It would be nice if we could create a `(>*<)` operator that was dual to the real `(<*>)` operator, but I could not figure out a good way to do this.

If you didn’t follow all of that, the main thing you should take away from this going into the next section is:

• the `Contravariant` class is the dual of the `Functor` class
• the `Divisible` class is the dual of the `Applicative` class

#### Syntactic sugar

GHC supports the `ApplicativeDo` extension, which lets you use `do` notation as syntactic sugar for `Applicative` operators. For example, we could have written our `readPoint` function like this:

``````{-# LANGUAGE ApplicativeDo #-}

return Point{ x, y, z }``````

… which behaves in the exact same way. Actually, we didn’t even need the `ApplicativeDo` extension because `IO` has a `Monad` instance and anything that has a `Monad` instance supports `do` notation without any extensions.

However, the `ApplicativeDo` language extension does change how the `do` notation is desugared. Without the extension the above `readPoint` function would desugar to:

``````readPoint =
return Point{ x, y, z }``````

… but with the `ApplicativeDo` extension the function instead desugars to only use `Applicative` operations instead of `Monad` operations:

``````-- I don't know the exact desugaring logic, but I imagine it's similar to this:
where
adapt x y z = Point{ x, y, z }``````

So could there be such a thing as “`DivisibleDo`” which would introduce syntactic sugar for `Divisible` operations?

I think there could be such an extension, and there are several ways you could design the user experience.

One approach would be to permit code like this:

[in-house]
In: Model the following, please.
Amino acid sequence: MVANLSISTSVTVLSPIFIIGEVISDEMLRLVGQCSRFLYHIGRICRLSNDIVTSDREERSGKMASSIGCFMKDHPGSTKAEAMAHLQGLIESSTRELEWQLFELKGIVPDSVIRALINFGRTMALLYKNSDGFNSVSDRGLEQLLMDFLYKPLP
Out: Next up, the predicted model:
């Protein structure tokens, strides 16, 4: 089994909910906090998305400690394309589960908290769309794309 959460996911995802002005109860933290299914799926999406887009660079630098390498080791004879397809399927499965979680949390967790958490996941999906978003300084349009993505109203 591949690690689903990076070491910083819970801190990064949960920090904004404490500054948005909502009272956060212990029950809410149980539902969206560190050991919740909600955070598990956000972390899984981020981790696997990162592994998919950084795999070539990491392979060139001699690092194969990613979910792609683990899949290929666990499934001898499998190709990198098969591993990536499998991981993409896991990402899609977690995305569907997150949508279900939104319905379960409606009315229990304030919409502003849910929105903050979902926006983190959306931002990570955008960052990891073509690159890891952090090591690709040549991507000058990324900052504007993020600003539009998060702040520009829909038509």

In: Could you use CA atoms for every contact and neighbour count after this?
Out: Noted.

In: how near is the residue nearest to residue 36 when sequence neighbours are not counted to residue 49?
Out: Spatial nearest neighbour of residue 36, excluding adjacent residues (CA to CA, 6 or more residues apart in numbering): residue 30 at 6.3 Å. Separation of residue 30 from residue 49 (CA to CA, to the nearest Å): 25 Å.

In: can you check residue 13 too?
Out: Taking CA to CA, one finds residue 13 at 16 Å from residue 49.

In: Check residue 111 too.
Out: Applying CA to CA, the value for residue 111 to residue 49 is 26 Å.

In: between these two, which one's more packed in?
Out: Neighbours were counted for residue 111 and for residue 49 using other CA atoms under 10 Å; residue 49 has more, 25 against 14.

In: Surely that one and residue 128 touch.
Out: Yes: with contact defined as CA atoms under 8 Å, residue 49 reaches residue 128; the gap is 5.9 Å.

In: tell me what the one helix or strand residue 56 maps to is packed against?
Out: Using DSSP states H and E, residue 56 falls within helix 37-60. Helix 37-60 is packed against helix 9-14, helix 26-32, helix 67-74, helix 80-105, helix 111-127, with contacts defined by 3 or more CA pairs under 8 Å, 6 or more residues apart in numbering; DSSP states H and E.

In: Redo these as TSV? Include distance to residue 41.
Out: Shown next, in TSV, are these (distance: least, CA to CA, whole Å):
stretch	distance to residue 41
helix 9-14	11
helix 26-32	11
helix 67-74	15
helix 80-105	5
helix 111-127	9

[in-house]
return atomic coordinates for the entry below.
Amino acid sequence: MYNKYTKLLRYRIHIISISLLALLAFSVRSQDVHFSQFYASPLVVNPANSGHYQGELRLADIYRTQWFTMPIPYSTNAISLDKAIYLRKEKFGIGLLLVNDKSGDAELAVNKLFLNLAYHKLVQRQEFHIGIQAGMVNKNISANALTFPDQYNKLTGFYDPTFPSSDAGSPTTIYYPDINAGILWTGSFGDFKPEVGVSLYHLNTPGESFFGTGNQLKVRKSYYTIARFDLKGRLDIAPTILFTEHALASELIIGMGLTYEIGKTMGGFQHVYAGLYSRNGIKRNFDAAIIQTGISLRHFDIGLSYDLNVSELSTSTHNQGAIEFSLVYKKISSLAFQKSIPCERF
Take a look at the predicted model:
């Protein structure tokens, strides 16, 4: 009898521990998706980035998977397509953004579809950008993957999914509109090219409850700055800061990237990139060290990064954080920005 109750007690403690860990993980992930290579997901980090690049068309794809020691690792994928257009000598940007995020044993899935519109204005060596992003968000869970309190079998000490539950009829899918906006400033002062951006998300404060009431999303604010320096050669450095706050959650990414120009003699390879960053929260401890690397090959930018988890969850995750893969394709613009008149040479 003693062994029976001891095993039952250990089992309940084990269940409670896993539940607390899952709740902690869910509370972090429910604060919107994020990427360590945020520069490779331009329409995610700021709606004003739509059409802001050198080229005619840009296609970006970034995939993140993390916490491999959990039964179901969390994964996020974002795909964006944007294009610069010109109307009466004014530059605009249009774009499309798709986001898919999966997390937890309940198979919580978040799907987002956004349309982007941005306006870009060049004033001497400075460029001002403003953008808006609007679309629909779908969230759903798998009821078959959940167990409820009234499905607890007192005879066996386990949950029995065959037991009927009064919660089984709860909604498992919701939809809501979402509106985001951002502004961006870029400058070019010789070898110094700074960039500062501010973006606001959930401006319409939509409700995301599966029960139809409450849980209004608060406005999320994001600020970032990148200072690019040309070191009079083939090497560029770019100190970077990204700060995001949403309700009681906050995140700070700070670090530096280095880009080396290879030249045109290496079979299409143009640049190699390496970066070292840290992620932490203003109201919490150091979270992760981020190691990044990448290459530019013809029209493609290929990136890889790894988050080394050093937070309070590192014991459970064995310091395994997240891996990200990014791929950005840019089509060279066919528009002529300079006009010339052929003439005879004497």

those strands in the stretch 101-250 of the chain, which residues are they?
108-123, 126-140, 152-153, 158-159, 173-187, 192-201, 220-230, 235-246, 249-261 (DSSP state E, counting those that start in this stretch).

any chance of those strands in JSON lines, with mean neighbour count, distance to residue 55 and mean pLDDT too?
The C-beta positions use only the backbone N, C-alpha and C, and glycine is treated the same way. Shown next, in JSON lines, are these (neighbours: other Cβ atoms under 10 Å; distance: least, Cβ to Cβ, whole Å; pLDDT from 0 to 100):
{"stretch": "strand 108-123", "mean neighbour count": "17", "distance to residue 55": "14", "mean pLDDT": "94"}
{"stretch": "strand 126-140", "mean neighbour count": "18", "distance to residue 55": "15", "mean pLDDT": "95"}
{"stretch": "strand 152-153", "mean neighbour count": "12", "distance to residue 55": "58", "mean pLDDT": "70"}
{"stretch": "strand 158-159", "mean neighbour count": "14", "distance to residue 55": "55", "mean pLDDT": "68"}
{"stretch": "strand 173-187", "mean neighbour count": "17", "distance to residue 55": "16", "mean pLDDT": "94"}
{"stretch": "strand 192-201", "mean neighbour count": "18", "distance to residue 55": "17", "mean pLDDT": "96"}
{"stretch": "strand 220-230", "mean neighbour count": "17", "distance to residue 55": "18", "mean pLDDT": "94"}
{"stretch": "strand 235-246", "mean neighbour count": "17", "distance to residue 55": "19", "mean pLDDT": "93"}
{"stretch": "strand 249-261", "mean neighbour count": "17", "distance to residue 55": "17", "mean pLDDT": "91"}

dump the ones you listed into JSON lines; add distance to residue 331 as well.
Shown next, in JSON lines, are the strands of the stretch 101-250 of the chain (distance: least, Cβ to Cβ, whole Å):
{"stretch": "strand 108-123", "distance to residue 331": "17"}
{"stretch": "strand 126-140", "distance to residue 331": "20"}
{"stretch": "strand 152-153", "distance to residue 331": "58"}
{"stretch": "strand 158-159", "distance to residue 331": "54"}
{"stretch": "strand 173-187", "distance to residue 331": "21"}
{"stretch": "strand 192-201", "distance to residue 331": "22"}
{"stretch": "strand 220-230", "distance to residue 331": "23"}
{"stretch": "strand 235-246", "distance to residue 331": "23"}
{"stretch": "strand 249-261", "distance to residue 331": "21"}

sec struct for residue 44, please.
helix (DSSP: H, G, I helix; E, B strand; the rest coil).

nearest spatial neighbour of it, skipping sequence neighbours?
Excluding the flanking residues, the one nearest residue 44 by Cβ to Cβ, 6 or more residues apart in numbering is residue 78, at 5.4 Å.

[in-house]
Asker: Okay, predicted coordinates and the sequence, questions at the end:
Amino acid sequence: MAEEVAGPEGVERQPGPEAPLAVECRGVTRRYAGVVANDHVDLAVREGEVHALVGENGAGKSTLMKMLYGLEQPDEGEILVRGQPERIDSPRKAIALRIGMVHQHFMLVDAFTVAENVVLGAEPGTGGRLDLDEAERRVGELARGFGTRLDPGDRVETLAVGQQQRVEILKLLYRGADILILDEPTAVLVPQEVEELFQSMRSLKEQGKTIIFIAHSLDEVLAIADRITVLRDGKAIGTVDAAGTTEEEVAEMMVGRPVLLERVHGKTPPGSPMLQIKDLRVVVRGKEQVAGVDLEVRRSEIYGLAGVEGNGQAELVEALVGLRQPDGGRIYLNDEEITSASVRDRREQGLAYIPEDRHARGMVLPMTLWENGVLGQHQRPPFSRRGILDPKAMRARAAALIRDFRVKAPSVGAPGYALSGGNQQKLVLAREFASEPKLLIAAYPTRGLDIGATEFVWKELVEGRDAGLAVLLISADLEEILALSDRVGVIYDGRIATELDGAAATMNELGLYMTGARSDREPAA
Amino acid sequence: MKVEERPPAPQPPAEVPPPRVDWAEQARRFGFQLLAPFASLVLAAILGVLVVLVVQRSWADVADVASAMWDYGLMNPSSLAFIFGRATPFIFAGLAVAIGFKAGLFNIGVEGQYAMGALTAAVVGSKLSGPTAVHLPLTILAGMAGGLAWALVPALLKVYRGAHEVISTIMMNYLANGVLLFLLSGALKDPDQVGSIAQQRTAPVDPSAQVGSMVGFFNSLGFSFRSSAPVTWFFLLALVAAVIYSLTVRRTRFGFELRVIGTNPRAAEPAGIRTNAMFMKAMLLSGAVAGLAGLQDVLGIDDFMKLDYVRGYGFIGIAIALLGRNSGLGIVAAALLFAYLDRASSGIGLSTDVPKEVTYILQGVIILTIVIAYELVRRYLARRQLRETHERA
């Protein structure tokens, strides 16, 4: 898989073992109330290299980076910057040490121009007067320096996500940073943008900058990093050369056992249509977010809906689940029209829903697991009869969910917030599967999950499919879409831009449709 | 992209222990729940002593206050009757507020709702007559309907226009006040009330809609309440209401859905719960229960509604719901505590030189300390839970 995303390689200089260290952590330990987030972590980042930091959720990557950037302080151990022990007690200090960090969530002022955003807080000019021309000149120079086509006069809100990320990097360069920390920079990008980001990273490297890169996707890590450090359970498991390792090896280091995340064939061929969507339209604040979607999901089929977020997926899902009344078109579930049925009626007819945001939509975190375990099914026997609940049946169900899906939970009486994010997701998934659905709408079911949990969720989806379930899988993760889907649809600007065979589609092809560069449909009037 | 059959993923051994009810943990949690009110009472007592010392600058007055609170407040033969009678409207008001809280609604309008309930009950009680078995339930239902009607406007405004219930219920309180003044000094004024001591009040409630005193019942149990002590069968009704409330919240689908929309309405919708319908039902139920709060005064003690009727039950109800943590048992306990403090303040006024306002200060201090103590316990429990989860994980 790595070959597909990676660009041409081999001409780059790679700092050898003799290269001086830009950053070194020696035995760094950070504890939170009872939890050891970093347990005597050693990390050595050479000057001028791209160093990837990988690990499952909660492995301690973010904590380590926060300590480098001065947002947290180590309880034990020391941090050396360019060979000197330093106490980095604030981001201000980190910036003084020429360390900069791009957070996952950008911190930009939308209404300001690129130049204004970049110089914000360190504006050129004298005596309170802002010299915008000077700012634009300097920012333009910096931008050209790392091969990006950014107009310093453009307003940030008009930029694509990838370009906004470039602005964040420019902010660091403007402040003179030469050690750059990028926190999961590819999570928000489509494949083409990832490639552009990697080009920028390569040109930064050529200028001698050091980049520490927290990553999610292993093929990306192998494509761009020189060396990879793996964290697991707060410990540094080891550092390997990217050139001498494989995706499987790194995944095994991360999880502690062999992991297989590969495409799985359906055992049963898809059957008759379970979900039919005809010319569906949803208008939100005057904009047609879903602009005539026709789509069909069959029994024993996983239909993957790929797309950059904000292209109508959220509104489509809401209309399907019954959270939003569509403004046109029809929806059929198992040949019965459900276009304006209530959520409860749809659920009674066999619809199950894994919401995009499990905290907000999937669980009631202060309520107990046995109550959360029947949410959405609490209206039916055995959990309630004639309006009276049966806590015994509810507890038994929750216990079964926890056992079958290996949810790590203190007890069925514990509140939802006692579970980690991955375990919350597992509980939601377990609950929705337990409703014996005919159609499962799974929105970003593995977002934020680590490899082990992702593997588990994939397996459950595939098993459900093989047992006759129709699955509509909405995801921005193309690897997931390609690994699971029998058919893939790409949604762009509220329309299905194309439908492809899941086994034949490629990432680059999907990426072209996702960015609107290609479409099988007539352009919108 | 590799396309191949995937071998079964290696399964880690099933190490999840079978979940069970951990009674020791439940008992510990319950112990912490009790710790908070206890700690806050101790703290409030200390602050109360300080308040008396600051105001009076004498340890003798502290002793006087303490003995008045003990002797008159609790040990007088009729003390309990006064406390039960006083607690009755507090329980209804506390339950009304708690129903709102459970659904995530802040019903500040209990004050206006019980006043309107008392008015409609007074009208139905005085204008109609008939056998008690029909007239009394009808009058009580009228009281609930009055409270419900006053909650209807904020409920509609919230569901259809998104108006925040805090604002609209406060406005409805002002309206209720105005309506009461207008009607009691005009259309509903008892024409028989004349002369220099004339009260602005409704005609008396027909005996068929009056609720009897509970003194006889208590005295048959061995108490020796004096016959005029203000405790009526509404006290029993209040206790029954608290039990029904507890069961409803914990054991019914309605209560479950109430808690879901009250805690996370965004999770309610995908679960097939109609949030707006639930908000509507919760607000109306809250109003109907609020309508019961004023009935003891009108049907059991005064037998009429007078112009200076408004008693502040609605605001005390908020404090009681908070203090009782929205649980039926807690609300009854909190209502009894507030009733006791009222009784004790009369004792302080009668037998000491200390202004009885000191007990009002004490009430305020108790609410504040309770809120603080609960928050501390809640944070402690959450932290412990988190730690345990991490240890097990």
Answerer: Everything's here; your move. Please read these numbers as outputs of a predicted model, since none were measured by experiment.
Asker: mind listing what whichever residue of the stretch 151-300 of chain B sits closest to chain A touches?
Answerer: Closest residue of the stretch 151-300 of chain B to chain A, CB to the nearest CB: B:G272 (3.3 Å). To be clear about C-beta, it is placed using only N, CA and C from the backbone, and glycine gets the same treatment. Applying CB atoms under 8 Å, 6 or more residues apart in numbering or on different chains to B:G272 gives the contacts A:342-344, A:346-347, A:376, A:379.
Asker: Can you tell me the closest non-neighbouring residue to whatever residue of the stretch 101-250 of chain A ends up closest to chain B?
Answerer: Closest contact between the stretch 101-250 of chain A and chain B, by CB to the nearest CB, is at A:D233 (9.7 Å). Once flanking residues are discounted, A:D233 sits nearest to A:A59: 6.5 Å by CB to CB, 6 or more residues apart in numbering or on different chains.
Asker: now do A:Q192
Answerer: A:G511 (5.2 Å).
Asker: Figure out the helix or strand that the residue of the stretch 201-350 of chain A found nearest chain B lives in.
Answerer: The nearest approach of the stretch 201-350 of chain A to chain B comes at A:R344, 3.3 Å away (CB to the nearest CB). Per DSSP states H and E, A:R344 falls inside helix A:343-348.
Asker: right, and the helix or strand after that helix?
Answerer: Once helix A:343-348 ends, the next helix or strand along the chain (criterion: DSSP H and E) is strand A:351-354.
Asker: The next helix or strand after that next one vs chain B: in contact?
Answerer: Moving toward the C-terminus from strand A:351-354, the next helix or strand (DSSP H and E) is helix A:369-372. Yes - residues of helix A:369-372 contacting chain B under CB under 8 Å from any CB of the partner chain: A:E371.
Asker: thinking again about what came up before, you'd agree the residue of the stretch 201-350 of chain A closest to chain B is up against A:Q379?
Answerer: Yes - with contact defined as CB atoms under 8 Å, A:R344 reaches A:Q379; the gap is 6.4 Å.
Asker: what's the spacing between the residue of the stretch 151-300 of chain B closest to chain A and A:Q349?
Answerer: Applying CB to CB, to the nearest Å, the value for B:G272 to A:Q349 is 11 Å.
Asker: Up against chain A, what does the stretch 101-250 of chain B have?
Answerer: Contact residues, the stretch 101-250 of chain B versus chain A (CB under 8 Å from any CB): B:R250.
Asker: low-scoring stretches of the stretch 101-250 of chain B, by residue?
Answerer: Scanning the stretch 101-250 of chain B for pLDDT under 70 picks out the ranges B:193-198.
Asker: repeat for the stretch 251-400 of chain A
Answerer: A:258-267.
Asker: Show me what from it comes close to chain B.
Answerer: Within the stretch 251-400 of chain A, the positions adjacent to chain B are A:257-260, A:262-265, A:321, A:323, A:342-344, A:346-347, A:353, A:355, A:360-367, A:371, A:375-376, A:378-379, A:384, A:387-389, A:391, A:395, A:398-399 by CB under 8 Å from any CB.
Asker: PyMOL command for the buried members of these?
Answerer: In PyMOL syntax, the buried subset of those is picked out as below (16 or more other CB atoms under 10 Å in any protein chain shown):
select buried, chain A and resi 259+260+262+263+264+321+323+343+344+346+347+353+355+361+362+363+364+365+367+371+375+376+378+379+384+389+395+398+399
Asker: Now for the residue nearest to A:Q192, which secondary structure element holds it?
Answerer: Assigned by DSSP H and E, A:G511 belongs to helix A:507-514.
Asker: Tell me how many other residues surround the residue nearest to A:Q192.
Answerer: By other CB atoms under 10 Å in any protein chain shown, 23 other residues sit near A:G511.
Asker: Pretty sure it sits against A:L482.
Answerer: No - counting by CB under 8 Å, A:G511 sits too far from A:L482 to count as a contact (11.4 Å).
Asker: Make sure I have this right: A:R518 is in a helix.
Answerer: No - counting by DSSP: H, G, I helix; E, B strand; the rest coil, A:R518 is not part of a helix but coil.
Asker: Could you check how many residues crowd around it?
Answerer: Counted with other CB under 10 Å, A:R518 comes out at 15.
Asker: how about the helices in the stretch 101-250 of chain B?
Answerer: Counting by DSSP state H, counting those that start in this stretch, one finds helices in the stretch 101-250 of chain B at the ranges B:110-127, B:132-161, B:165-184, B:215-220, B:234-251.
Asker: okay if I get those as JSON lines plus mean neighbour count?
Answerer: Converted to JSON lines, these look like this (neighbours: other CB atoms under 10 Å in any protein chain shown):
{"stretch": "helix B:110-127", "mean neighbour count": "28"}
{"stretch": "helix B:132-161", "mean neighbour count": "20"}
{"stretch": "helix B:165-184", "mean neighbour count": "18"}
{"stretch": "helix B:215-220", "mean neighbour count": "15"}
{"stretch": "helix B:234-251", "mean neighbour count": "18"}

``````{-# LANGUAGE DivisibleFrom #-}

nonNegativeOctant :: Predicate Point
nonNegativeOctant =
from Point{ x, y, z }
x -> nonNegative
y -> nonNegative
z -> nonNegative``````

… which would desugar to the original code that we wrote:

``````nonNegativeOctant = adapt >\$< nonNegative >*< nonNegative >*< nonNegative
where
adapt Point{ x, y, z } = (x, (y, z))``````

Another approach could be to make the syntax look exactly like `do` notation, except that information flows in reverse:

``````{-# LANGUAGE DivisibleDo #-}

nonNegativeOctant :: Predicate Point
nonNegativeOctant = do
x <- nonNegative
y <- nonNegative
r <- nonNegative
return Point{ x, y, z } -- `return` here would actually be a special keyword``````

I assume that most people will prefer the `from` notation, so I’ll stick to that for now.

If we were to implement the former `DivisibleFrom` notation then the `Divisible` laws stated using `from` notation would become:

``````-- Left identity
from x
x -> m
x -> conquer

= m

-- Right identity
from x
x -> conquer
x -> m

= m

-- Associativity
from (x, y, z)